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Waiting For Life

Great Falls family holds fundraisers for daughter’s liver transplant.

Unlike most 14-year-old girls, Courtney Payen comes right home after school and takes a nap.

"She doesn’t go out at all, she can’t go out to the mall with her friends," said her mom Lydie Payen. "She’s not active at all."

Born with biliary atresia, Courtney was born without bile ducts that drain bile from her liver into her intestines. As a result, her digestive system is unable to process food properly and white blood cells build up in the bile duct, causing cirrhosis of her liver. Despite various medical treatments and medications, Courtney will need a liver transplant in order to live a normal, healthy life.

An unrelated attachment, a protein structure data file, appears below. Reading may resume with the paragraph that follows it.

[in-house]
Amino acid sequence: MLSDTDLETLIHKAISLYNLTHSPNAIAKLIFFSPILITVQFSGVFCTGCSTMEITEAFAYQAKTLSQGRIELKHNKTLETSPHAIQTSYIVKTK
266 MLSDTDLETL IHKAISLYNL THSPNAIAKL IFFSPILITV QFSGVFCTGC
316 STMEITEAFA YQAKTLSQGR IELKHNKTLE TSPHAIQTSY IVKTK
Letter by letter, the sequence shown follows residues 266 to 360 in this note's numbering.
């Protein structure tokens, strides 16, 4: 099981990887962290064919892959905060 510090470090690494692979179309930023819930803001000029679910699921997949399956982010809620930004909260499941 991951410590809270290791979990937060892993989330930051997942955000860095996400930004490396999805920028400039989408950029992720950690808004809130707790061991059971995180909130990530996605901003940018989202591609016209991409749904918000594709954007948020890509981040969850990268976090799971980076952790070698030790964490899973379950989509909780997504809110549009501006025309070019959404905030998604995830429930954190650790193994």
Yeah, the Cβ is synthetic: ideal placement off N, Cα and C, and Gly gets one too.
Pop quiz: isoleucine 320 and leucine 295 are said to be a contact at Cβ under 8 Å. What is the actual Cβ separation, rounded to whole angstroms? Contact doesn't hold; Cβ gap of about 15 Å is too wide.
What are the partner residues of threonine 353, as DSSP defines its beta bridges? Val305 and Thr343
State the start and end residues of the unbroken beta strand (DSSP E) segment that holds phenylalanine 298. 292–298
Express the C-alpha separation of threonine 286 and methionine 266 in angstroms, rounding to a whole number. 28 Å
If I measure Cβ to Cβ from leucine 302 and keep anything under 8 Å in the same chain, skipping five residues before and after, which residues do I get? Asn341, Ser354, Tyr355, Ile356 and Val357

"When she was born, she was in the hospital for four months and had to have surgery to connect her liver to her intestine," Payen said of her oldest child. "We were told she had two years to live. She’s 14 now and just starting to get sick to the point where she needs the transplant."

Last fall, Courtney’s immune system started to weaken and she became more susceptible to getting sick, Payen said. After she was hospitalized at Georgetown University, they were told it was time to start a variety of medical treatments to prolong the need for a transplant, a practice mandated by insurance companies.